Before Mitchell made her displeasure known, Roger Simon of Politico, Chris Matthews's other guest during the segment, depicted the images coming out of the war zone as all Obama could have dreamed of.
ROGER SIMON: The optics are all very good on this trip. I mean, the beginning of this trip is so good, Senator Obama might just want to call off the end and just keep running the videotape.
For the second week in a row, CNN's Howard Kurtz, while hosting Sunday's "Reliable Sources," seemed absolutely befuddled by the media's lack of interest in reporting presumptive Democrat presidential nominee Barack Obama's campaign flip-flops.
Last week, it was the junior senator's change of heart concerning public campaign finances. This Sunday, it was Obama's curious reversal on handguns.
After two weeks, Kurtz finally got his answer: the press think flip-flopping makes Obama a great politician. I kid you not:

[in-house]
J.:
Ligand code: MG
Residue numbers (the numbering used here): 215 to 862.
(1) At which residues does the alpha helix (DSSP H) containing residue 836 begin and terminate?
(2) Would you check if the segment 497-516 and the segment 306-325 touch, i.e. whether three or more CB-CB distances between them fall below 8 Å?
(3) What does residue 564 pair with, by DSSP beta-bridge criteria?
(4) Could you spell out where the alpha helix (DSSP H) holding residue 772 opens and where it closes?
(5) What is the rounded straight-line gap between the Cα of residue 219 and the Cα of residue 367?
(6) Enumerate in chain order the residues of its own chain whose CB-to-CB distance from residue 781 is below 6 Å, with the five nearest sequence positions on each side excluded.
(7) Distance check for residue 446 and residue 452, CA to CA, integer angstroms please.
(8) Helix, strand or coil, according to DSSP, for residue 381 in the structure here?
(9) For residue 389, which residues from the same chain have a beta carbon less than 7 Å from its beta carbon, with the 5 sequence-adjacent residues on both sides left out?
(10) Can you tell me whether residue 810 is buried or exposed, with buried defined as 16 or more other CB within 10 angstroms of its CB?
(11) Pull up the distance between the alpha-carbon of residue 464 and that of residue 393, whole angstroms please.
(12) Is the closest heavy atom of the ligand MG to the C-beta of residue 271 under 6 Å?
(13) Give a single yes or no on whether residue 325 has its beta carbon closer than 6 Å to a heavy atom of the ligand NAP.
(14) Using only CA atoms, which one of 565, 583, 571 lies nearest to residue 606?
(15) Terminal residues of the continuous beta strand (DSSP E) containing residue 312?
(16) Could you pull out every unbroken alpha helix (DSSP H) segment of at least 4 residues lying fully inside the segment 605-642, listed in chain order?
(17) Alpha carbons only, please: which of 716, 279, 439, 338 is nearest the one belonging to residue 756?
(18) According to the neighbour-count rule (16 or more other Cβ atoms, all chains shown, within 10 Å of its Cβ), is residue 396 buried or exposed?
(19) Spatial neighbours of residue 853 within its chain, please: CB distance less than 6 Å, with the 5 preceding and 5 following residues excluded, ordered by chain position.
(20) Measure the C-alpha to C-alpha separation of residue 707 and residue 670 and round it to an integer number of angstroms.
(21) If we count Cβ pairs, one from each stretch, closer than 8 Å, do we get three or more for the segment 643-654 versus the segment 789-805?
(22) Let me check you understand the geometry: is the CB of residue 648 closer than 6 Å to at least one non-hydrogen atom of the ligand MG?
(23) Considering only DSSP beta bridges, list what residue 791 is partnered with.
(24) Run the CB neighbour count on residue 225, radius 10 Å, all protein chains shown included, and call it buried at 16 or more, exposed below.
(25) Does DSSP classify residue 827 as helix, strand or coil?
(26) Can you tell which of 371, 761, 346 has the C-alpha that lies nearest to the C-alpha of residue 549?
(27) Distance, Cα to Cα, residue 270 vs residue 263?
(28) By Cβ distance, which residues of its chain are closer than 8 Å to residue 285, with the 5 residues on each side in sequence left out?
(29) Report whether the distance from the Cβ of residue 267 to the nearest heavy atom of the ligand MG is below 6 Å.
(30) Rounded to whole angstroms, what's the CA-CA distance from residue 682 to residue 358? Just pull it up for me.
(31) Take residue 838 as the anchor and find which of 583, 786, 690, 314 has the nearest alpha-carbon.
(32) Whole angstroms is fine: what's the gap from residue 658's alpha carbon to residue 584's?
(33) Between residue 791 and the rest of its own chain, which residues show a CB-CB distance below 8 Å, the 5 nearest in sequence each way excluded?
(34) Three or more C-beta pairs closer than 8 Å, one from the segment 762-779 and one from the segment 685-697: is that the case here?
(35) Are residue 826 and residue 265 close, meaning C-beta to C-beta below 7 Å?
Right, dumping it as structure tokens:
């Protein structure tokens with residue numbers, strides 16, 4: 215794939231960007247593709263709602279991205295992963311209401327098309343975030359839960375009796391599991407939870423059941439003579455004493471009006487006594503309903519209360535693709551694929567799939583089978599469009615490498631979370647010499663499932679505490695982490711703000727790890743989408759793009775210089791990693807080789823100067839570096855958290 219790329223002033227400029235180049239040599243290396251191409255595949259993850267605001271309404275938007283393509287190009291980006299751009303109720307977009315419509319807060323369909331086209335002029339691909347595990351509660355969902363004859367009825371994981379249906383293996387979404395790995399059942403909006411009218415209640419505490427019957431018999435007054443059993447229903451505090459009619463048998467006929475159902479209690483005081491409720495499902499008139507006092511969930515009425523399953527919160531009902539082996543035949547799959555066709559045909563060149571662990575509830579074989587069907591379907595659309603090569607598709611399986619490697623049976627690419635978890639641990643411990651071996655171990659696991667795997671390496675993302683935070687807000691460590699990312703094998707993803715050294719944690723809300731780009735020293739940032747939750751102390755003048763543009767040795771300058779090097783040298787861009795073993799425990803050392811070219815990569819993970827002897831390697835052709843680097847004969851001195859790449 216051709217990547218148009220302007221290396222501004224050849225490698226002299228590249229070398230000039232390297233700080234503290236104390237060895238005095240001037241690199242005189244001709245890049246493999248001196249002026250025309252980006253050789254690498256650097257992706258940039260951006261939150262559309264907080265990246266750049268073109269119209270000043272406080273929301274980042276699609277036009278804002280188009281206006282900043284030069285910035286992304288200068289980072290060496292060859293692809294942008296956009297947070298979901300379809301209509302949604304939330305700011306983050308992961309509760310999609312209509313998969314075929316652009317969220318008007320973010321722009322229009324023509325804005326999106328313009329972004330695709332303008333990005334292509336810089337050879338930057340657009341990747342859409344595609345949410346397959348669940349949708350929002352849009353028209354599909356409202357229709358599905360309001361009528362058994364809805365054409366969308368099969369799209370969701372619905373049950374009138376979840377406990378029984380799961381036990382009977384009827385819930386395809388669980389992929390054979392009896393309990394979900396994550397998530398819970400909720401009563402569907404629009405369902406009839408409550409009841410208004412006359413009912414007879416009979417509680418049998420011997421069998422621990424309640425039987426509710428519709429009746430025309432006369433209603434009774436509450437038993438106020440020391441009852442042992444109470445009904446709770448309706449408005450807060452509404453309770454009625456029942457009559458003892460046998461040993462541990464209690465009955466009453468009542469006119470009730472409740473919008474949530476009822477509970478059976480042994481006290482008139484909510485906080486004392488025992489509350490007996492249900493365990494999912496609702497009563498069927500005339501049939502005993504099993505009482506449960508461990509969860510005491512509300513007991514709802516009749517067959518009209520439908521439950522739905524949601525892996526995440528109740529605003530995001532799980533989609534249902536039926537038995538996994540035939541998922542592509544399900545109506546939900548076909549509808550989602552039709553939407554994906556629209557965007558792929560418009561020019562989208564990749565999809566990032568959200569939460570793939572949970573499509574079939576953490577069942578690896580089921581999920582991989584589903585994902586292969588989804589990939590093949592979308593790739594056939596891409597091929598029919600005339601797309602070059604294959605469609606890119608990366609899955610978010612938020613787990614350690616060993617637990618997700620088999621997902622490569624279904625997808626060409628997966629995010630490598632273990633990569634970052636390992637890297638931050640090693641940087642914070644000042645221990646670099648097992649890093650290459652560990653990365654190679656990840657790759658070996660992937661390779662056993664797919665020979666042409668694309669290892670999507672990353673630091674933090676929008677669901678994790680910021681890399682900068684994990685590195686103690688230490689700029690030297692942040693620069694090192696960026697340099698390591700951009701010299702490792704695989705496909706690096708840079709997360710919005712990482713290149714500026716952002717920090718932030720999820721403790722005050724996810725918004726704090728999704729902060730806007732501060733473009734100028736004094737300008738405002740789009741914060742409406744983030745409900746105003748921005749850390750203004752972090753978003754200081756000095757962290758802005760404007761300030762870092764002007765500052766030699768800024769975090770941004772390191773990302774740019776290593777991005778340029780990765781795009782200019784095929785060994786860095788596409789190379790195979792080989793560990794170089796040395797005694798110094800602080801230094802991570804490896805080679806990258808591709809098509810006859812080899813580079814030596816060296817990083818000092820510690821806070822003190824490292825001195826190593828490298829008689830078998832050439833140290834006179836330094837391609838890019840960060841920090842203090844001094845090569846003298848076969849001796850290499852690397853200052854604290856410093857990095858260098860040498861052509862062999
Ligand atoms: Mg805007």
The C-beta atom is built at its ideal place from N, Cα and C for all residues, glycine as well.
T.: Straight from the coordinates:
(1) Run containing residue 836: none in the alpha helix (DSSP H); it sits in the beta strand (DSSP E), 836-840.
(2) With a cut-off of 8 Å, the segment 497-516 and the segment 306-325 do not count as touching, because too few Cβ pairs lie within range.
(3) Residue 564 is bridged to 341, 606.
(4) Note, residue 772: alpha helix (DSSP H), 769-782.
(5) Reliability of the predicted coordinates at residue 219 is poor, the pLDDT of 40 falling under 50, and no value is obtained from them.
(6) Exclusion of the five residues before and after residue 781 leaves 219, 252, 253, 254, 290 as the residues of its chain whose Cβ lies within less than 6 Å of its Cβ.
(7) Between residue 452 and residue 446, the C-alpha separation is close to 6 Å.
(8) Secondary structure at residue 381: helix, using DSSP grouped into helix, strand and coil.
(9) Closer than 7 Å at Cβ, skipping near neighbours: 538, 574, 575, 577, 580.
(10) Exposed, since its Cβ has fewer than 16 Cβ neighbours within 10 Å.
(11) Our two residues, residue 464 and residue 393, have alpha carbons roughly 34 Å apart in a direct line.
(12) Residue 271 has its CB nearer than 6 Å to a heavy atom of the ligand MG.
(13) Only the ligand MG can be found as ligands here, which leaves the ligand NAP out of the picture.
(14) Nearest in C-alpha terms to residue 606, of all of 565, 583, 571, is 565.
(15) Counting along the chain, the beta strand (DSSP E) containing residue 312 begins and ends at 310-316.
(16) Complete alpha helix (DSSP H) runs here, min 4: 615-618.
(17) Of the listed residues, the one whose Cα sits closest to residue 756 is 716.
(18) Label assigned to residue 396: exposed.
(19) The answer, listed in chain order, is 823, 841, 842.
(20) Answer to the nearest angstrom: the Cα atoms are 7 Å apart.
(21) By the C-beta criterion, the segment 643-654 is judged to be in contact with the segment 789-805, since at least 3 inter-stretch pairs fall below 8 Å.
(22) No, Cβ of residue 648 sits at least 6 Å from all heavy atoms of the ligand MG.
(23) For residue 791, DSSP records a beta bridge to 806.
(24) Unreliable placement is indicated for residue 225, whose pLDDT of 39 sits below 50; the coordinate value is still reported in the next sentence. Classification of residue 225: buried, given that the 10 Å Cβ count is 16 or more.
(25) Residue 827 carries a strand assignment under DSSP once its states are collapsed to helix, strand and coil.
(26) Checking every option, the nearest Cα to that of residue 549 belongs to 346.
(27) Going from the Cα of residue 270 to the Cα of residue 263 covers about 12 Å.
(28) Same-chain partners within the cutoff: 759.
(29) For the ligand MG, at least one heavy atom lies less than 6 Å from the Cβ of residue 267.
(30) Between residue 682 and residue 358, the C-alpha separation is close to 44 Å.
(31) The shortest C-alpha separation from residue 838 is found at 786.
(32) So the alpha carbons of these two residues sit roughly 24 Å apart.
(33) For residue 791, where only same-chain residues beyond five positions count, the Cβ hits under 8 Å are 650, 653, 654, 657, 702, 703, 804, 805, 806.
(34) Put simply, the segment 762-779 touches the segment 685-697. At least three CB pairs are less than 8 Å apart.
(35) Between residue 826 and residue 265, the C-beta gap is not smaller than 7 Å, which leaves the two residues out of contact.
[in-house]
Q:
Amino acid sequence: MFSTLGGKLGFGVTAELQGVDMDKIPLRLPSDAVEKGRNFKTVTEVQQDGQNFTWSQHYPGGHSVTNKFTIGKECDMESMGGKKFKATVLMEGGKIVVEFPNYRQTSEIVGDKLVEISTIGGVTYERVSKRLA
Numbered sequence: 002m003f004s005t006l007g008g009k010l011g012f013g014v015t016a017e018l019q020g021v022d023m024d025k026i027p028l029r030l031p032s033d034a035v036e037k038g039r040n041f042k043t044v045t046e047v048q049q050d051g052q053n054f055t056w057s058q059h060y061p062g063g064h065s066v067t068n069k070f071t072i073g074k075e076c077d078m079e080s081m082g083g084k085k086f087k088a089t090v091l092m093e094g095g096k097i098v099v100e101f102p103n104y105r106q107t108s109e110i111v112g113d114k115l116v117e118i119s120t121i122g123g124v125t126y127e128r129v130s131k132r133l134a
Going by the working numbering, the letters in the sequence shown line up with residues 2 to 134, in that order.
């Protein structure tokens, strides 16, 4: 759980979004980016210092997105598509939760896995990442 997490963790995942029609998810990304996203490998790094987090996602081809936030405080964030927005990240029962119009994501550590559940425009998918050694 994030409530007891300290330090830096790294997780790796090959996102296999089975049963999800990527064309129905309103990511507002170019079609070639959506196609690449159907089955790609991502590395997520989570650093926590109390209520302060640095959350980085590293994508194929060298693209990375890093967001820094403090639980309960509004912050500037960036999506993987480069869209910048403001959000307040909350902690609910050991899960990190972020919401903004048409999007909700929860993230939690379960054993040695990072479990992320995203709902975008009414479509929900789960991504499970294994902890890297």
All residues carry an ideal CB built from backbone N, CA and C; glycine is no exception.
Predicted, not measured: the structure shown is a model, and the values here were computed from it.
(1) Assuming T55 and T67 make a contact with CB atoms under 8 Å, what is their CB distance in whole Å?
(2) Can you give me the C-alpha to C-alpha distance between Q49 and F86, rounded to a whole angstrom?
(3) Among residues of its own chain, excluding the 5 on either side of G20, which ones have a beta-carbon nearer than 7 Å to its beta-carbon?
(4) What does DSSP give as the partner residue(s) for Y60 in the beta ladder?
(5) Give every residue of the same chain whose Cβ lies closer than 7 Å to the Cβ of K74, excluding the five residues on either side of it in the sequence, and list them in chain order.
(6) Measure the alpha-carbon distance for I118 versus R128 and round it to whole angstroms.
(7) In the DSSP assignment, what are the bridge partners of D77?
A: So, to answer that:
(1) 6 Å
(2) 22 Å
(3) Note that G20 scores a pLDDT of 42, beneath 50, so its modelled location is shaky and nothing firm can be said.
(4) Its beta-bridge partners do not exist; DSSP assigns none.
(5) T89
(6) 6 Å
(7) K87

If we're going to promote a candid discussion of race in our country, we can't jump down the throat of everyone who ventures onto the racial minefield. Rather than finding offense in Roger Simon's suggestion that choosing Bobby Jindal as his VP running-mate would hurt John McCain among racist voters, I propose we simply analyze it. Here's what Simon said on this evening's Hardball, as guest host Mike Barnicle led the Politico reporter and Newsweek's Howard Fineman through a tour d'horizon of possible VP picks.
MIKE BARNICLE: Interesting new Republican face, Bobby Jindal, Governor of Louisiana.